GELFAND’S WORLD--One of the advantages of living in the big city is that services are available, and among the most important are emergency services. It turns out that we have a problem.
One example: A couple of weeks ago, there was a dust-up on our block. It was a legitimate emergency and I dialed 911. I got a busy signal.
I dialed 911 again. Still busy.
On the third or fourth time, I got a connection. But still no human voice, because first, you get a set of recorded instructions. You are told that you will be asked various questions. (I wasn’t.) Eventually I heard an actual voice.
In this case, the 911 operator listened carefully and told me that she would be dispatching the police. Things worked out OK after that, without serious injury or loss of life.
Still, it is disconcerting to reach for the lifeline and find that you cannot make the connection at first. I’m guessing that some people would have given up after the first two or three tries.
The alternatives are worse, as explained by the police themselves
Last week, for the first time, I listened to our local Community Police Advisory Board (CPAB) meeting. As you might expect, the meeting was held online. I’ll discuss some of what happened in this meeting below, but first another experience I had over the phone trying to reach the city.
The 911 number is supposed to be reserved for true emergencies. You don’t use it to complain about some illegally parked car, and you aren’t supposed to tie it up on something trivial. Ideally, 911 provides a rapid and effective lifeline for the heart attacks, the major car crashes, and the threat of violence. If a crazy person is wandering around waving a gun, that is a 911 call in the making.
So one problem is that the 911 system could be overwhelmed on a busy night or even a busy day.
For this reason, the City of Los Angeles has invented a second phone line that is supposed to be used when you need to contact the police for non-emergency issues. They’ve advertised it all over as 877-ASK-LAPD. This is the number you use when somebody has left a car blocking your driveway, or some drunk is wandering down the middle of the street at night in downtown, or for any of the countless other issues that connect citizens to their police department.
On a different day, and for reasons that did not amount to a true emergency, I made use of the 1-877-ASK-LAPD number. It was a weird and frustrating experience because I never got through, not even after more than 20 minutes (probably closer to 30) of recorded announcements, jangling tones, and waiting, followed by a repeat of all of the above, and another repeat, and yet another.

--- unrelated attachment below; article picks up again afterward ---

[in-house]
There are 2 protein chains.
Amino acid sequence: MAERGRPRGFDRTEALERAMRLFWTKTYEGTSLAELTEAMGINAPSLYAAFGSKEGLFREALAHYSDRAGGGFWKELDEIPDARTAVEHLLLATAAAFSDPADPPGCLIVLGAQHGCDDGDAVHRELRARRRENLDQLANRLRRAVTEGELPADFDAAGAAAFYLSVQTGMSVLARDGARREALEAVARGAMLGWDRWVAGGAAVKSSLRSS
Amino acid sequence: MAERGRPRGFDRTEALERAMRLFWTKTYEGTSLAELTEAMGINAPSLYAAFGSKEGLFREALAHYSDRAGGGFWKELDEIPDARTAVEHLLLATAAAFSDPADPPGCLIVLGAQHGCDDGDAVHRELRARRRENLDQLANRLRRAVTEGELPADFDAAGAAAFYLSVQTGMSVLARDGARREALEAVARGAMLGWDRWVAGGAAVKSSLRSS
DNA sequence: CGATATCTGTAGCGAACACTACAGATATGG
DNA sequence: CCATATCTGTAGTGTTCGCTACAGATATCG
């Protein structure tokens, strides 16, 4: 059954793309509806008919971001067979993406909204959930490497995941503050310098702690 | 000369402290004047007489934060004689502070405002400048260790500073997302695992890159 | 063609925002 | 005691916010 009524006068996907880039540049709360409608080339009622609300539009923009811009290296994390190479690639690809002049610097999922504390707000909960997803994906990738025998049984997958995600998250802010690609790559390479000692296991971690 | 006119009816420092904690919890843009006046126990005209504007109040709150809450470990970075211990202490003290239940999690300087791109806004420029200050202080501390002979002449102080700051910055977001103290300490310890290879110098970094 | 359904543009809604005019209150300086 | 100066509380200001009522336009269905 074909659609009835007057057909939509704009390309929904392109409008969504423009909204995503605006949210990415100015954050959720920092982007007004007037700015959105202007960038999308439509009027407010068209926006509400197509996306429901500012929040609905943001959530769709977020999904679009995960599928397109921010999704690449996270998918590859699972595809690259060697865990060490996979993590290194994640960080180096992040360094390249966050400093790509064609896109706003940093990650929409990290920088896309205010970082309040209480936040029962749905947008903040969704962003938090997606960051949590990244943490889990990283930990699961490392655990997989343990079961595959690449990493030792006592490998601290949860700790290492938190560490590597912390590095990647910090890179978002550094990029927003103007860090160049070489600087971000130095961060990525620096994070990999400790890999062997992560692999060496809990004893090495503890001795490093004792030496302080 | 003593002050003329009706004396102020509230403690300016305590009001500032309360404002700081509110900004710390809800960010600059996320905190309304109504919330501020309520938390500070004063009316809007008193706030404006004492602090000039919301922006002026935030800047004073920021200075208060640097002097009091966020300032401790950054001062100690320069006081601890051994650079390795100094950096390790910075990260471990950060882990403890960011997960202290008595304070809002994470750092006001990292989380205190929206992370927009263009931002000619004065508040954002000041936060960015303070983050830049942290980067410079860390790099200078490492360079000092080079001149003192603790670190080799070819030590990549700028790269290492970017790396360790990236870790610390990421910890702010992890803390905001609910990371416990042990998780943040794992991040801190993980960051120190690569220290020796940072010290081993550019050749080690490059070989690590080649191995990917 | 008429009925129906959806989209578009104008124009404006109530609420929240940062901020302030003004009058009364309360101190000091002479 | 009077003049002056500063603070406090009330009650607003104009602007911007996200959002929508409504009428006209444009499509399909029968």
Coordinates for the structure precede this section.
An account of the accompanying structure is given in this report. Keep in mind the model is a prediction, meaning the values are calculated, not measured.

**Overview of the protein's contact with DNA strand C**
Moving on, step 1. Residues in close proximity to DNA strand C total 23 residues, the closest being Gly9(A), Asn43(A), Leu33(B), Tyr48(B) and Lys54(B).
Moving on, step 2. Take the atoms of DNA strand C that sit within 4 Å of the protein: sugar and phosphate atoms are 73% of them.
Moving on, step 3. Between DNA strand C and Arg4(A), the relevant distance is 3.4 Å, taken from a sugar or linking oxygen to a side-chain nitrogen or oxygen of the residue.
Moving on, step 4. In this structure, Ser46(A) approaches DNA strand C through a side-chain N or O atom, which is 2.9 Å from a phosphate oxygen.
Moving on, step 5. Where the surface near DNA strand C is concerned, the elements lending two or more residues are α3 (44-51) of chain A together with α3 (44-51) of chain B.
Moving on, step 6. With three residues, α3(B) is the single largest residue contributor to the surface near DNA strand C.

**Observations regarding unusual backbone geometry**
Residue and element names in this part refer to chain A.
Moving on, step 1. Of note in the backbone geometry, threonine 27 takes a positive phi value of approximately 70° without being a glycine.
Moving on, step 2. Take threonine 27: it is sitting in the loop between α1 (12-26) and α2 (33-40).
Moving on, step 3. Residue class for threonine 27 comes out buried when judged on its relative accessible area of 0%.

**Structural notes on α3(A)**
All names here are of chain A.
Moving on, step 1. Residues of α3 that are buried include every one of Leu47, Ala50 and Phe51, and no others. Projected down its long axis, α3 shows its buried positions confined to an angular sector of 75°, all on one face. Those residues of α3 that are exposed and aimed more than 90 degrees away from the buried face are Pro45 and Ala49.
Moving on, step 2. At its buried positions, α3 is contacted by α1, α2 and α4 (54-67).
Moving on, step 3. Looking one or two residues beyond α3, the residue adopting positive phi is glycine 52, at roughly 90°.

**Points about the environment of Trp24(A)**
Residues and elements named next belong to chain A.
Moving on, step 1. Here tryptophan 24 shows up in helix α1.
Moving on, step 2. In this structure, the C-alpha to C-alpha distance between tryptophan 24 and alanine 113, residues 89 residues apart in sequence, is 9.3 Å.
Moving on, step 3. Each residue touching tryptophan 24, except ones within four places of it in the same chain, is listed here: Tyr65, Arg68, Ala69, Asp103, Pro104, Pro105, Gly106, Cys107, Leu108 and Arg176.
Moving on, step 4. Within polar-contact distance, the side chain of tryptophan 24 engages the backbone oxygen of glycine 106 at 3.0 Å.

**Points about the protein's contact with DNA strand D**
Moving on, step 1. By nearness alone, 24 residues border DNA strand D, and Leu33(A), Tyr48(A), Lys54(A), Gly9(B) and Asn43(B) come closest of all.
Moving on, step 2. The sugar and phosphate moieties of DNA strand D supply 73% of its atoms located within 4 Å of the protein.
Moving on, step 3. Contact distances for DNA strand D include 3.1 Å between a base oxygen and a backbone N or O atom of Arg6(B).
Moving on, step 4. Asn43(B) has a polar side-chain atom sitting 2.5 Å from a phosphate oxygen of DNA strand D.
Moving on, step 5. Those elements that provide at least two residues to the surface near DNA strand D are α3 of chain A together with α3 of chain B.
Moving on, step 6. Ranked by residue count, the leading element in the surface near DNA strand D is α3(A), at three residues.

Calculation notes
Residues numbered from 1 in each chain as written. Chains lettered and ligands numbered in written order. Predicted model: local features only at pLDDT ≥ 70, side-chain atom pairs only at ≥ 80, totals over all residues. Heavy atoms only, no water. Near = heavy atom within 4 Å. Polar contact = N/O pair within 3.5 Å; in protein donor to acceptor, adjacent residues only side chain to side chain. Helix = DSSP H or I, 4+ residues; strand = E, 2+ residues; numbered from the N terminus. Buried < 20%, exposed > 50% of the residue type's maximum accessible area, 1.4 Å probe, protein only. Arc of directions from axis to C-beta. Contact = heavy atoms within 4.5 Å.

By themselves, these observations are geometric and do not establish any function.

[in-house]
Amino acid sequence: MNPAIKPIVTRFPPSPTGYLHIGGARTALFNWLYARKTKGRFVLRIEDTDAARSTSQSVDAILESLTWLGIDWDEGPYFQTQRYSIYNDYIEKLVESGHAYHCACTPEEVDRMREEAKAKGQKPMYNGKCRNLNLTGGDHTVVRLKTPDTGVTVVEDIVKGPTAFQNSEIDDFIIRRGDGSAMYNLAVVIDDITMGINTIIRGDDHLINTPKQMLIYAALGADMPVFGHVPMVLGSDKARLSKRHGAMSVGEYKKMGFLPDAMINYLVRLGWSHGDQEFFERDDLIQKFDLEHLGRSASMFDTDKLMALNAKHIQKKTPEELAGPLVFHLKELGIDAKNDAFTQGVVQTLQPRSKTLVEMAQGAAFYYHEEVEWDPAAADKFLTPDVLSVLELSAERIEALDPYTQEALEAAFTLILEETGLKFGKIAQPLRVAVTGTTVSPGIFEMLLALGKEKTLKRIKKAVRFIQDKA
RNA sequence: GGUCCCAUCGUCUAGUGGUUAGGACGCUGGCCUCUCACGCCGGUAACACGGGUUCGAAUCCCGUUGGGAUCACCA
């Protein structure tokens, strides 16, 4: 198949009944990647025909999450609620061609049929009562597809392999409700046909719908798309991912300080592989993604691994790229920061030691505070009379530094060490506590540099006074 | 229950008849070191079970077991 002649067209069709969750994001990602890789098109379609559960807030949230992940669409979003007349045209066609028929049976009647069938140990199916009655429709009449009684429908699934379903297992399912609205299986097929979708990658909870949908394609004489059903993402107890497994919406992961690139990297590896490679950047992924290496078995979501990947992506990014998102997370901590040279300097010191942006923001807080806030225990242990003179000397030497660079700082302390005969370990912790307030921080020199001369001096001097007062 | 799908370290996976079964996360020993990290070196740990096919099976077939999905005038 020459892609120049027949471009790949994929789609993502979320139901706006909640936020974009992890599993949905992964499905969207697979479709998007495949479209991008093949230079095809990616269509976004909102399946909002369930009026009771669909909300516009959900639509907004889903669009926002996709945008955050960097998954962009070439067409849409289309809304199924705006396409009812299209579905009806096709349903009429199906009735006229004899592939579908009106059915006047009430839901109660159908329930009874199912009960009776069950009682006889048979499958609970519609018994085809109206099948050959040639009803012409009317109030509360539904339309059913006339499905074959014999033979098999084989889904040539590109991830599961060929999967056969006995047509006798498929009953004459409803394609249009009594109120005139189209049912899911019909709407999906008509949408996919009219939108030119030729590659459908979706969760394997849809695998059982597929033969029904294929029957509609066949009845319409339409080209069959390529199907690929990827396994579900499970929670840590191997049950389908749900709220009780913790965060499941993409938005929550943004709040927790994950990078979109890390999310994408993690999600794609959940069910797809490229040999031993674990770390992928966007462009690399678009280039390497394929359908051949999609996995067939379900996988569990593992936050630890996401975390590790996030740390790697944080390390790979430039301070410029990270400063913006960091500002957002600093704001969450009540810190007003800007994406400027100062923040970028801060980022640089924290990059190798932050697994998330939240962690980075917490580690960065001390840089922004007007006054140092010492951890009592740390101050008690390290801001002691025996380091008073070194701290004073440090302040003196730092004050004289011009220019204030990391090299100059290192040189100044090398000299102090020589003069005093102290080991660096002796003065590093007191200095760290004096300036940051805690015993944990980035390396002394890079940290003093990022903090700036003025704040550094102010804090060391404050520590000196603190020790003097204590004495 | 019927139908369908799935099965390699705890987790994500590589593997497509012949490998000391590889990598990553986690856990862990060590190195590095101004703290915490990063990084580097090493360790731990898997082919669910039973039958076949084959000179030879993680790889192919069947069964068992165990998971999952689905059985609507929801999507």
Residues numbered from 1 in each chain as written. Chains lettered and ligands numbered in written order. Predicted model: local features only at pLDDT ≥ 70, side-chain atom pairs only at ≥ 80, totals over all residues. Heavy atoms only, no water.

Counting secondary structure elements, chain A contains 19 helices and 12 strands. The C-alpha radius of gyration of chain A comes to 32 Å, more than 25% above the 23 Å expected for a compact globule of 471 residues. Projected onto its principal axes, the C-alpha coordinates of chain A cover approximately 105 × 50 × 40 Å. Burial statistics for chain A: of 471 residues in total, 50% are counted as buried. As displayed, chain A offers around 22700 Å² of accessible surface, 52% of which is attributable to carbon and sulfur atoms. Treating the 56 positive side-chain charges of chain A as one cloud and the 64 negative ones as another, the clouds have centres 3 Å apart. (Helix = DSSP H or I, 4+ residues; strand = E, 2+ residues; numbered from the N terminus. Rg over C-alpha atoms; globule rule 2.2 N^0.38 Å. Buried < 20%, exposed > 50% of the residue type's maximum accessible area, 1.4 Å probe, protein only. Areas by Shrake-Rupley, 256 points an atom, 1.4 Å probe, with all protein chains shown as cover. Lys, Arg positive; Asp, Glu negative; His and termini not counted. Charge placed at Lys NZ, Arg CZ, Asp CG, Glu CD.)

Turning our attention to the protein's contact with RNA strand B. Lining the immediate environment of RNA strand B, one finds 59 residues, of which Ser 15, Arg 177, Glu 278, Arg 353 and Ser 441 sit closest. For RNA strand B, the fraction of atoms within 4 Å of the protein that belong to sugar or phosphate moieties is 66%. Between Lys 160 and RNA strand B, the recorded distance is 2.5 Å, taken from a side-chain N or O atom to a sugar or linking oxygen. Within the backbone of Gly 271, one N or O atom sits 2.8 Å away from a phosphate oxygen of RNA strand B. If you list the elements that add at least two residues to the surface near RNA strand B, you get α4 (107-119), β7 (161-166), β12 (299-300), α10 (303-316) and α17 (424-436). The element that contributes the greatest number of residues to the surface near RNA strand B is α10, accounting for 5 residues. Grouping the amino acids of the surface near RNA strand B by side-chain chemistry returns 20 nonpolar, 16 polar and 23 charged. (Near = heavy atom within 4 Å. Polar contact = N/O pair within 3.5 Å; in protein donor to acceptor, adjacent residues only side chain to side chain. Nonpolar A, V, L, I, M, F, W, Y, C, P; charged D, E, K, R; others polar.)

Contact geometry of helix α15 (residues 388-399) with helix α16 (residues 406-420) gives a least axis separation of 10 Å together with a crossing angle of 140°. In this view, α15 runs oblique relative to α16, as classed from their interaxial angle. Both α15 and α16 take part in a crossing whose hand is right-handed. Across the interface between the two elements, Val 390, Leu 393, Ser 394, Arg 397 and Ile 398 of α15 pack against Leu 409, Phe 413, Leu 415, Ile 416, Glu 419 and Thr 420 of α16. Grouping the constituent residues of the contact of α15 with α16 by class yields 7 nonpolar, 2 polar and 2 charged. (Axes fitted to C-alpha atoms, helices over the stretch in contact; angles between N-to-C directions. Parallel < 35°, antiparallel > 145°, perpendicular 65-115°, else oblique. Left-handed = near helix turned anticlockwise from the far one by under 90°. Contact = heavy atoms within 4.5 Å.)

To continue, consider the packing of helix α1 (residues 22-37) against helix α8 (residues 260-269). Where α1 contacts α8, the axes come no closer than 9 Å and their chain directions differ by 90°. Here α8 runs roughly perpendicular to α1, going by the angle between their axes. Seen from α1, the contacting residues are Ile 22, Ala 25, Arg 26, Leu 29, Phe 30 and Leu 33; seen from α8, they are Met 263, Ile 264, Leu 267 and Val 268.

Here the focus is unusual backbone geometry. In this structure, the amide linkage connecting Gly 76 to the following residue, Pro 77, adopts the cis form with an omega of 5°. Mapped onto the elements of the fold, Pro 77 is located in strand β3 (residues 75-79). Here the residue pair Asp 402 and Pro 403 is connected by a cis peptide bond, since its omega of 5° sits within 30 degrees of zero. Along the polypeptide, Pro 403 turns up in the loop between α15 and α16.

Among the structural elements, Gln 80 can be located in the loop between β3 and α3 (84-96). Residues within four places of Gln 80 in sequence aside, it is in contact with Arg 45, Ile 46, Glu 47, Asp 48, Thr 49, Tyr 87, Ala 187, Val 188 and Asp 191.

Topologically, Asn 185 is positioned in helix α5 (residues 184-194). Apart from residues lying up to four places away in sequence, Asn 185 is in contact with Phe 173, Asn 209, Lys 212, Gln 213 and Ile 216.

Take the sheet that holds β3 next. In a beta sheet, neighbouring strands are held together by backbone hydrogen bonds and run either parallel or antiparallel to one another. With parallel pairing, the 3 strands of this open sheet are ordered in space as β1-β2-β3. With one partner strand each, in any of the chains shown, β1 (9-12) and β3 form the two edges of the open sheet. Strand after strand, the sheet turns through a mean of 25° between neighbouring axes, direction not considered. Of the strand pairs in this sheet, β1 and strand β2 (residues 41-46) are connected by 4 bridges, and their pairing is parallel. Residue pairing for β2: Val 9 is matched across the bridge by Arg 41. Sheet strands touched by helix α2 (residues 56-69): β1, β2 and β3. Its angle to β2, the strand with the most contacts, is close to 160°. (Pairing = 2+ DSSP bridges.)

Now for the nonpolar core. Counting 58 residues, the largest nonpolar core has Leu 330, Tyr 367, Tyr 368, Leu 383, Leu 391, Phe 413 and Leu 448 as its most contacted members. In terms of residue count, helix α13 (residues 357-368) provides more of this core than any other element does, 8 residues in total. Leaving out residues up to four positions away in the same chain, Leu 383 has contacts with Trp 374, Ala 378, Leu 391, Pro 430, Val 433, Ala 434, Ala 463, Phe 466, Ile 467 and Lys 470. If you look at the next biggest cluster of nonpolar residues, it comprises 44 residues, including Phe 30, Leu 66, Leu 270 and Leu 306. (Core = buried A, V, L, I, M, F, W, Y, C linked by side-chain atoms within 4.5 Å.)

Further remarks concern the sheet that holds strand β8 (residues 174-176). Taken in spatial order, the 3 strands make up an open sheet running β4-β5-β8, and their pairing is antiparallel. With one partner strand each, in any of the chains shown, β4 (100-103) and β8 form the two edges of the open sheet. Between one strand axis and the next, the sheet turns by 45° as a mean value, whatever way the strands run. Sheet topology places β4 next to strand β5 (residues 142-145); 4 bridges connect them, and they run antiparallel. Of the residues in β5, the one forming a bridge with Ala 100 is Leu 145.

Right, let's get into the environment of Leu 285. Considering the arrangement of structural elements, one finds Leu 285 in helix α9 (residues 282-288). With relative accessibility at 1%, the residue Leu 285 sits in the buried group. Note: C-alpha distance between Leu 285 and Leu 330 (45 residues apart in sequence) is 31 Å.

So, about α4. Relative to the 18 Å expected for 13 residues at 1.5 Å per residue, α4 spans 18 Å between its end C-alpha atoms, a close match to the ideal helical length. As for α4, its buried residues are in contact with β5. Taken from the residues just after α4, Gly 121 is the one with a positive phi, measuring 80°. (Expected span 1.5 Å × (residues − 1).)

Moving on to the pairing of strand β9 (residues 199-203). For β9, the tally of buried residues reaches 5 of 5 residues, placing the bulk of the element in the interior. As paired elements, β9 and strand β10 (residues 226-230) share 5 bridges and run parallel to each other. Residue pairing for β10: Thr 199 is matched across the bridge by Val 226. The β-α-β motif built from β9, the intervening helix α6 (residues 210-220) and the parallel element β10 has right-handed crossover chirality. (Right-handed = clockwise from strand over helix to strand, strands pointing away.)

In other words, 1-877-ASK-LAPD really doesn’t work, at least it doesn’t work very well in my experience.
Was I alone in having this poor an experience? That’s where my report on the CPAB meeting comes in.
The CPAB system was created by the LAPD in 1993. It is supposed to provide a way for residents of each area to talk directly to police officers about what is going on in their neighborhoods. Due to the pandemic, the meetings (at least down here in the harbor area) are currently carried out online. I was aware of the upcoming meeting and wanted to find out how to sign in. This is where my story about 1-877-ASK-LAPD comes in.
You see, when I went online and checked out the LAPD website, I couldn’t find a direct link to the CPAB meeting. Those of you who have used ZOOM or its relatives will understand what I’m talking about here – generally there is a clickable link that gets you hooked up to the online meeting. Usually you have to wait a few seconds, and then you can sign in and join the meeting. So, the first problem was to get that link, and I couldn’t find it on any of the LAPD website pages.
So I figured I would try calling the Harbor Division and asking. It didn’t seem like such a strange idea at the time. In living memory, and in movies and television shows, there is a policeman who answers the telephone and responds to your inquiry.
Well, we now have centralization and it is 1-877-ASK-LAPD. I dialed the number and, as described above, waited and waited through all the recordings and jangling and after about half an hour, gave up. Quit. Hung up the phone. Gave up on finding the meeting this way.
However, I do have a friend who is on the CPAB email list, and I was able (finally) to get the clickable link from her. What I’m trying to communicate here is that something as non-emergency as finding the link to a CPAB meeting, a quest which I began a couple of days in advance, was all for naught save my friendship with someone who chanced to be part of the group.
What did I learn at CPAB?